Ergonomics & Material Handling Program
Ergonomics is the scientific discipline concerned with designing according to human needs, and the profession that applies theory, principles, data and methods to design in order to optimize human well-being and overall system performance.
The field is also called human engineering, and human factors. Ergonomic research is performed by those who study human capabilities in relationship to their work demands. Information derived from these studies contributes to the design and evaluation of tasks, jobs, products, environments, ergonomic risk factor analysis and systems in order to make them compatible with the needs, abilities and limitations of people.
Basics of Ergonomics
Ergonomics is the scientific discipline concerned with the understanding of the interactions among humans and other elements of a system . . . that applies theory principles, data and methods to design in order to optimize human well-being . . . ergonomists contribute to design and evaluation of tasks, jobs, products, environments and systems in order to make them compatible with the needs, abilities, and limitations of people.”— International Ergonomics Association
Ergonomics means fitting the workplace to the worker by modifying or redesigning the job, workstation, tool, or environment. Ergonomics draws from the fields of engineering, and medical and health sciences to optimize the work environment. By identifying ergonomic hazards that can result in an injury or illness, and correcting these hazards, employees can be provided a healthier workplace. Some of the factors evaluated in an ergonomic analysis are:
• Repetitiveness of a task
• Posture and movement of the limbs and whole body as a task is performed
• Physical strength required for a task
• Design and use of tools
• Design and layout of the work area or equipment
While the primary goal of ergonomics is to minimize employee exposure to ergonomic hazards that lead to Cumulative Trauma Disorders (CTDs) and related injuries and illnesses, the benefits of ergonomics are:
• Improved safety and health in the workplace
• Improved employee morale and job satisfaction
• Improved productivity
• Improved quality of work
• Improved competitiveness in the marketplace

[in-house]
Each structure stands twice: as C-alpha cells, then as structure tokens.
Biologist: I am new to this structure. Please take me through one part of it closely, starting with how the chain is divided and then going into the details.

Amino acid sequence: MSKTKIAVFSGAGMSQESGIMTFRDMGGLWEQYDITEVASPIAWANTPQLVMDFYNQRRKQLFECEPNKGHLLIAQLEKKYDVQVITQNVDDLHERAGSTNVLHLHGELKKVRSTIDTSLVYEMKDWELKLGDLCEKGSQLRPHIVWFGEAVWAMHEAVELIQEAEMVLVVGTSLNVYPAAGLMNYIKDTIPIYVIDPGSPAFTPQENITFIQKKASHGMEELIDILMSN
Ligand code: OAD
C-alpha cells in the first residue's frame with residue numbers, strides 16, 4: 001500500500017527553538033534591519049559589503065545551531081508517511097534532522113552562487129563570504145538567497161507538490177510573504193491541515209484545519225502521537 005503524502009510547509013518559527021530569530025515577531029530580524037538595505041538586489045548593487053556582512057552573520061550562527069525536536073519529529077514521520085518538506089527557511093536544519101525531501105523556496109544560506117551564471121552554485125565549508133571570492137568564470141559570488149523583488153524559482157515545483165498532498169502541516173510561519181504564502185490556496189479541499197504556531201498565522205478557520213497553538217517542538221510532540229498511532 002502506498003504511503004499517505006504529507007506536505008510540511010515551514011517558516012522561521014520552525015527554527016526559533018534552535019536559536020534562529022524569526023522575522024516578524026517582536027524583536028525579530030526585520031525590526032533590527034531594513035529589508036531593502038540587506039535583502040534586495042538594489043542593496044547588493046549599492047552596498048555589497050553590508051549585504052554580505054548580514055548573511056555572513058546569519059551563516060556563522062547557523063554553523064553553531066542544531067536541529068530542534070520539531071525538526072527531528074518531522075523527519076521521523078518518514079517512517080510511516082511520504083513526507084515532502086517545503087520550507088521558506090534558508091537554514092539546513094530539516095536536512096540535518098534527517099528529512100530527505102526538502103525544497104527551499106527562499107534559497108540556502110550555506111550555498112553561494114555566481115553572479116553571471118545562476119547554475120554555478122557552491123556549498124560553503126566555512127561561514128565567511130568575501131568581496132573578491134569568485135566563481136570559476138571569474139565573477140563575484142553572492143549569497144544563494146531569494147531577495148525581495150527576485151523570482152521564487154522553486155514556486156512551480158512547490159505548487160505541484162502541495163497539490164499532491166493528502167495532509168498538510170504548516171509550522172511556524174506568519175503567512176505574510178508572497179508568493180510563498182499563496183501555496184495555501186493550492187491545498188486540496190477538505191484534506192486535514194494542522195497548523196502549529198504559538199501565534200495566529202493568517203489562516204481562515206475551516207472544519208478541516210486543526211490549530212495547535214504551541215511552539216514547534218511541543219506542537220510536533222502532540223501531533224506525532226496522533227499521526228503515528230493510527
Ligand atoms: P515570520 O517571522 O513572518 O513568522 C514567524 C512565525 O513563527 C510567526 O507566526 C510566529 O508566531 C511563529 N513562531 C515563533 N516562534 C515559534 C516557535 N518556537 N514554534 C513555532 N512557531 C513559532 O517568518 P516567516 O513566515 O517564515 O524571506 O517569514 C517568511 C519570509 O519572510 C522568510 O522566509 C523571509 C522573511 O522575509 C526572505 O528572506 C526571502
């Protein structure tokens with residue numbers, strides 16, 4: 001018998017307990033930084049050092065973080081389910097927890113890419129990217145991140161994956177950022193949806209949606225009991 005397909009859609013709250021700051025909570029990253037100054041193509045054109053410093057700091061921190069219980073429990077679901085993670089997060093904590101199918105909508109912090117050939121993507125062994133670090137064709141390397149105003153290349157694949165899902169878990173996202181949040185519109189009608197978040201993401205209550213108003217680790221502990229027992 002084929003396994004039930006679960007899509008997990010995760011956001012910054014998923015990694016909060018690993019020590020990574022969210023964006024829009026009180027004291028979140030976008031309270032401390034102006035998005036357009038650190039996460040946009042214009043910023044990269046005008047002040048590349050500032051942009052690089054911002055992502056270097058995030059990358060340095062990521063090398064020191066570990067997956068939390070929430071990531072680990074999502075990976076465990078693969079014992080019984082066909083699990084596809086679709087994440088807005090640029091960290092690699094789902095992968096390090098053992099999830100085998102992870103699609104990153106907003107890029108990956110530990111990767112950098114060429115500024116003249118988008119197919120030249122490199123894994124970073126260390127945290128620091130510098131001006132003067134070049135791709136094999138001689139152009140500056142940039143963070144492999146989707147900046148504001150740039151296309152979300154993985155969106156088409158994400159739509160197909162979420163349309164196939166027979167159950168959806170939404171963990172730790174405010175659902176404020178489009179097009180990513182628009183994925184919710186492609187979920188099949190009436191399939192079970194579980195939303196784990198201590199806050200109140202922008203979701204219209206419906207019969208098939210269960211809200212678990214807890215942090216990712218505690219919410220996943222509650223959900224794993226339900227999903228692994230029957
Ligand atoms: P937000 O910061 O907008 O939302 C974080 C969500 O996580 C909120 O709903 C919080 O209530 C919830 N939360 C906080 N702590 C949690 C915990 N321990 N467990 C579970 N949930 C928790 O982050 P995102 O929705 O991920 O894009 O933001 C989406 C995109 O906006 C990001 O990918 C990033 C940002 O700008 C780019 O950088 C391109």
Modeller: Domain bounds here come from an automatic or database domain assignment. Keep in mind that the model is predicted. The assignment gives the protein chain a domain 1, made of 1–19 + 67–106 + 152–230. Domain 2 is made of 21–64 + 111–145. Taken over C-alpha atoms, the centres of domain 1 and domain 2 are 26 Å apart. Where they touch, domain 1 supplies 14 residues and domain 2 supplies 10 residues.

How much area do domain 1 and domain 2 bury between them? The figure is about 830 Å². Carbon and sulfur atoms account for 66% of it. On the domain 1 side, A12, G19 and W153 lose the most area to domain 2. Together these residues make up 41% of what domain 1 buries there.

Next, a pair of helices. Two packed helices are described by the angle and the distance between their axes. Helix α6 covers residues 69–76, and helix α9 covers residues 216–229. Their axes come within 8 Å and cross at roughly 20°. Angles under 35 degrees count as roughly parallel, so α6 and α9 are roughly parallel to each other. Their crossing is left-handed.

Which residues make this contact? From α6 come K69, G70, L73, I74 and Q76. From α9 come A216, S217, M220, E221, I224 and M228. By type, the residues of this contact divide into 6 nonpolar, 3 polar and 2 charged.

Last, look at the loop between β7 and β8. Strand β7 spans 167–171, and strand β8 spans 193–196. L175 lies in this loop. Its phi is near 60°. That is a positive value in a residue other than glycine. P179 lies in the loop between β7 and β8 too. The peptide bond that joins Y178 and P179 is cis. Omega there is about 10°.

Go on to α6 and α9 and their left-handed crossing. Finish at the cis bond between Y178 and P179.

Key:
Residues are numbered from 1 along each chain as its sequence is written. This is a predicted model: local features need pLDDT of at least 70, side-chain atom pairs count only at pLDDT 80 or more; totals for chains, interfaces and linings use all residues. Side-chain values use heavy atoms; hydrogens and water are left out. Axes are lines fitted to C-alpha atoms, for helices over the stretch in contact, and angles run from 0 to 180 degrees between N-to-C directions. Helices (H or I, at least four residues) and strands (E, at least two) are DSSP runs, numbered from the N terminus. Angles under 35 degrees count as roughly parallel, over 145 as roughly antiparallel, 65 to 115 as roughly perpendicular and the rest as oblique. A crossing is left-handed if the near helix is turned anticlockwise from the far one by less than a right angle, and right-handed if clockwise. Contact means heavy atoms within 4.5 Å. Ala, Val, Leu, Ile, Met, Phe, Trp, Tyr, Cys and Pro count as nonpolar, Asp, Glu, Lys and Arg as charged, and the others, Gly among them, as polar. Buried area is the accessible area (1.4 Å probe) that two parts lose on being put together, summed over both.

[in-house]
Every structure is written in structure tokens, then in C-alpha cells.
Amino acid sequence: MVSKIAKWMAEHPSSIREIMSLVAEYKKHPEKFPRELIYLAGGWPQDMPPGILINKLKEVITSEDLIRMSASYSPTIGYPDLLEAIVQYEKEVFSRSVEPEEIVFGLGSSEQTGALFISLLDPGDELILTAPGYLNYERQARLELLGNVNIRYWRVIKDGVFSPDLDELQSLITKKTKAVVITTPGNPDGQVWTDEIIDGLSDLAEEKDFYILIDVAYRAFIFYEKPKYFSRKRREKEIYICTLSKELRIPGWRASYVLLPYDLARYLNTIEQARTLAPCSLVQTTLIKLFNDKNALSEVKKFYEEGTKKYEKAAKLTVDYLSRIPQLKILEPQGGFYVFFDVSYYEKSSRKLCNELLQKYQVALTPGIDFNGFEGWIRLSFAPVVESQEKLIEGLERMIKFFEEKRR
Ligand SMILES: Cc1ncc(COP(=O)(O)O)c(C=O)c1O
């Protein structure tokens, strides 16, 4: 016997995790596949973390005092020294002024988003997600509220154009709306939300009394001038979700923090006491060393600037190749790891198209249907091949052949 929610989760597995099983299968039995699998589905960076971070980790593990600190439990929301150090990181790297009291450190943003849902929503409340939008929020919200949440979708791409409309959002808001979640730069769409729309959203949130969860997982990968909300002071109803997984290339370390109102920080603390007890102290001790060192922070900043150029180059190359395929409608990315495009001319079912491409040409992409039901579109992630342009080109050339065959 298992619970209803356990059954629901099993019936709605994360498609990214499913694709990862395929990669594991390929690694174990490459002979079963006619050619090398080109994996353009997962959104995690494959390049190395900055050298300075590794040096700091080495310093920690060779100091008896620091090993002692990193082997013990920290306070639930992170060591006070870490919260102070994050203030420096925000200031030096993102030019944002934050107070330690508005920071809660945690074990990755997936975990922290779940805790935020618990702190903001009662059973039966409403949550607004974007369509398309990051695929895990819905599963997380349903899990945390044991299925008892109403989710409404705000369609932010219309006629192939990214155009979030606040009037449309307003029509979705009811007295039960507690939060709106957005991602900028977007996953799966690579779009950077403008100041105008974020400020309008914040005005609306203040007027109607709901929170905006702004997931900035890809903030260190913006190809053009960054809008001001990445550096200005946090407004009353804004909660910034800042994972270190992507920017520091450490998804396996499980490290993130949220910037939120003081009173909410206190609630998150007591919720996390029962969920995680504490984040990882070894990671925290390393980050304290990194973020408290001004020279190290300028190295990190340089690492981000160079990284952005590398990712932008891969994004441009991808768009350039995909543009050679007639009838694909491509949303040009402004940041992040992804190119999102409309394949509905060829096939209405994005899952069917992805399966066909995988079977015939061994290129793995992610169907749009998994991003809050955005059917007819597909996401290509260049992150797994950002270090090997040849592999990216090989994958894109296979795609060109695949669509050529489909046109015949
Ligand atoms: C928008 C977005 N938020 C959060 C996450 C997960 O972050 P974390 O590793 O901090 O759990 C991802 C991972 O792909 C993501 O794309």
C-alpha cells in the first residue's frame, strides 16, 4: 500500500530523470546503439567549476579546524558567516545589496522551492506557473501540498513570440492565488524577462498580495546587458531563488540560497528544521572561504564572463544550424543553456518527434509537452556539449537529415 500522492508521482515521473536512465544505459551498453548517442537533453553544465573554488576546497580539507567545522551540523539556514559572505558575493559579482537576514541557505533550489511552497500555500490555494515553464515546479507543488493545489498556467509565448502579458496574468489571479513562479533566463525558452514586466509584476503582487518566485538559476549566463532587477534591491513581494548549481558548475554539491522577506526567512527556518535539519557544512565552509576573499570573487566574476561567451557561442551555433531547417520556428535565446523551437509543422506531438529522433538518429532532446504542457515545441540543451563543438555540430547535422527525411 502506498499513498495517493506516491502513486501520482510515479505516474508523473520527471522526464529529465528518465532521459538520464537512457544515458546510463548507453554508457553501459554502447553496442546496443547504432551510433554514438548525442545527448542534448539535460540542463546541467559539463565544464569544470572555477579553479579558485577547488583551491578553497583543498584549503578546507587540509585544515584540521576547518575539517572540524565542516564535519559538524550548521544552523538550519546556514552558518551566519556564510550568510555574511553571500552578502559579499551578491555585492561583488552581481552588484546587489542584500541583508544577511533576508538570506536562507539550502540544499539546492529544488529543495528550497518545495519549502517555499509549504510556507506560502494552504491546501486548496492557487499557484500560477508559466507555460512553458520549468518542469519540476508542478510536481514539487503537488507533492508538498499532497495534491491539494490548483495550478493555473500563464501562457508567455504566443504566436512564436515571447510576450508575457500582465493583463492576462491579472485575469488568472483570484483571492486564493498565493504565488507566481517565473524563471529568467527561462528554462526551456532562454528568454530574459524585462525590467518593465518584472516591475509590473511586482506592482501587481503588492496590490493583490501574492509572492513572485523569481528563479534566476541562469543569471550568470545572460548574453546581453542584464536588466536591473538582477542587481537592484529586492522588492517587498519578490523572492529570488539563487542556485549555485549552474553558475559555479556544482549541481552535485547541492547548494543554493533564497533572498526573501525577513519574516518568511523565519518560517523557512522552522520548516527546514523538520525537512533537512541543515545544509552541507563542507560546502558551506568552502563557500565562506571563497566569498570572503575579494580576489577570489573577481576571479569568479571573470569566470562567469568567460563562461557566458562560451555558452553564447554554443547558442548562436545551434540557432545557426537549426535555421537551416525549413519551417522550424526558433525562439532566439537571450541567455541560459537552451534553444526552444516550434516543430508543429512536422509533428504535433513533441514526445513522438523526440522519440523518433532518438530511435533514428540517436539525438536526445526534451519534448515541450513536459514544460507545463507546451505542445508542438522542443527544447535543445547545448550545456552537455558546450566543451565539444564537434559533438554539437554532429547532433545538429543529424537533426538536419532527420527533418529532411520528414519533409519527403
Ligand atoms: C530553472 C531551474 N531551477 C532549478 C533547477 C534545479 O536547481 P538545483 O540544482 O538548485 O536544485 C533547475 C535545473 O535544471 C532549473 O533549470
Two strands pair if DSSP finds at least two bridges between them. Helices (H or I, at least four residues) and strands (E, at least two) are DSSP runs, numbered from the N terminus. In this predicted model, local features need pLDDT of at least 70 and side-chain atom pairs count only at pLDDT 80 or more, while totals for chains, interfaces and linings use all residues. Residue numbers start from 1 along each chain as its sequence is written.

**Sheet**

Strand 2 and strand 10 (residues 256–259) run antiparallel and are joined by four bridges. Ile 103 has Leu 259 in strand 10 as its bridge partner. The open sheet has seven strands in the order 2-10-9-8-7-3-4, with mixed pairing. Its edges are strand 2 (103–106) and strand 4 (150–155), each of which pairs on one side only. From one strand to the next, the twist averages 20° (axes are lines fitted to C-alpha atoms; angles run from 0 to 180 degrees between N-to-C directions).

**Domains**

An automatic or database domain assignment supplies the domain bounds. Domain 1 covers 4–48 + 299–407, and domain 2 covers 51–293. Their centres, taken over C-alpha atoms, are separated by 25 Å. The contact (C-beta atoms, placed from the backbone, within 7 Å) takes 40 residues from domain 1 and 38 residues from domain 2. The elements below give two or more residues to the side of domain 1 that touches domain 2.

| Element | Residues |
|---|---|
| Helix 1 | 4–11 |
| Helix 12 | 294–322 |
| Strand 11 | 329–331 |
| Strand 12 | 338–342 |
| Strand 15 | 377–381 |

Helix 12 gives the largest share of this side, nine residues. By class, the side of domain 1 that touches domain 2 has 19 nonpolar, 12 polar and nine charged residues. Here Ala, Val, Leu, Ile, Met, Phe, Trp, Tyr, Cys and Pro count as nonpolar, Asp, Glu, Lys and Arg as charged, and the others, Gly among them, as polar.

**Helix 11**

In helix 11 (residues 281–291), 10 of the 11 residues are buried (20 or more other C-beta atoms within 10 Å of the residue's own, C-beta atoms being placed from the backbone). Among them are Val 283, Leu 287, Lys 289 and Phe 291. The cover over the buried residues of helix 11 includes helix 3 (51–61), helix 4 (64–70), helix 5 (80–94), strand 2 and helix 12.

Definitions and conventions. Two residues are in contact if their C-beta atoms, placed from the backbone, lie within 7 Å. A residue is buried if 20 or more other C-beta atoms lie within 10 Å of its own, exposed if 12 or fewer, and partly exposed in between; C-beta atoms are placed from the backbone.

• Reduced probability of accidents and errors
• Reduced absenteeism and employee turnover
• Reduced medical and workers’ compensation costs associated with cumulative trauma disorders.
Ergonomics is an ongoing process, not just a quick fix. Continued awareness and cooperation among responsible groups is essential to an effective ergonomics program.
This area of the Safety Library offers a combination of resources and tools to help maximize your comfort and safety. Ergonomics is a combination of good habits, work practices and optimizing the environment. There is no magic bullet and every person and situation possesses unique challenges for making all the pieces fit together.
Cumulative Trauma Disorders
Cumulative trauma disorder (CTD) is not a diagnosis, but a group of health problems with similar characteristics. CTDs are soft tissue disorders (e.g., muscles, tendons, joints, nerves) caused by wear and tear from repetitive motion. CTDs usually occur in the upper body in the neck, shoulders, back, arms, wrists, and hands. It is important to prevent CTDs because they can lead to serious and/or permanent injuries. CTDs are also referred to as repetitive motion injuries, repetitive strain injuries, repetitive trauma disorders, and overuse injuries.
Ergonomic Risk Factors – Several factors, usually in combination, contribute to the risk of developing a cumulative trauma disorder due to the stress on muscles, tendons, joints, and nerves. The presence of these factors in a job, process, operation, or work environment may not necessarily cause a problem, but they do increase the risk of developing a CTD.
Repetition – Tasks that require high repetition rates require more muscle effort and less recovery time, which can lead to fatigue and stress. Examples of repetitive tasks are typing (faster than 60 words per minute), sorting, and flipping through files.
Excessive Force – Examples of tasks in which it is possible to use excessive force are stamping, stapling, grasping large file folders or books, and hammering into a hard surface.
Awkward Posture or Position – Examples of awkward postures or positions are using the shoulder and bending the neck to hold the telephone to the ear, turning the head to the side to read, bending the back in a forward/stooped position, reaching over the shoulder, and bending the wrists. Employees should always strive to maintain a neutral wrist.
Prolonged Activities – Holding a position without movement for prolonged periods causes fatigue and requires a long recovery time. Examples of prolonged activities are standing or sitting for hours at a time, computer operators grasping the mouse for long periods, holding elbows away from the body while typing, and grasping a hand tool for an extended period of time.
Localized Pressure (Mechanical Stress) – Too much pressure on muscles, tendons, and nerves can decrease blood-flow circulation. Over time, constant localized pressure can cause an injury. Examples are pressure on the median nerve in the wrist, which can cause carpal tunnel syndrome, and resting forearms and wrists on sharp or hard edges (e.g., work surface corners, hard arm rests).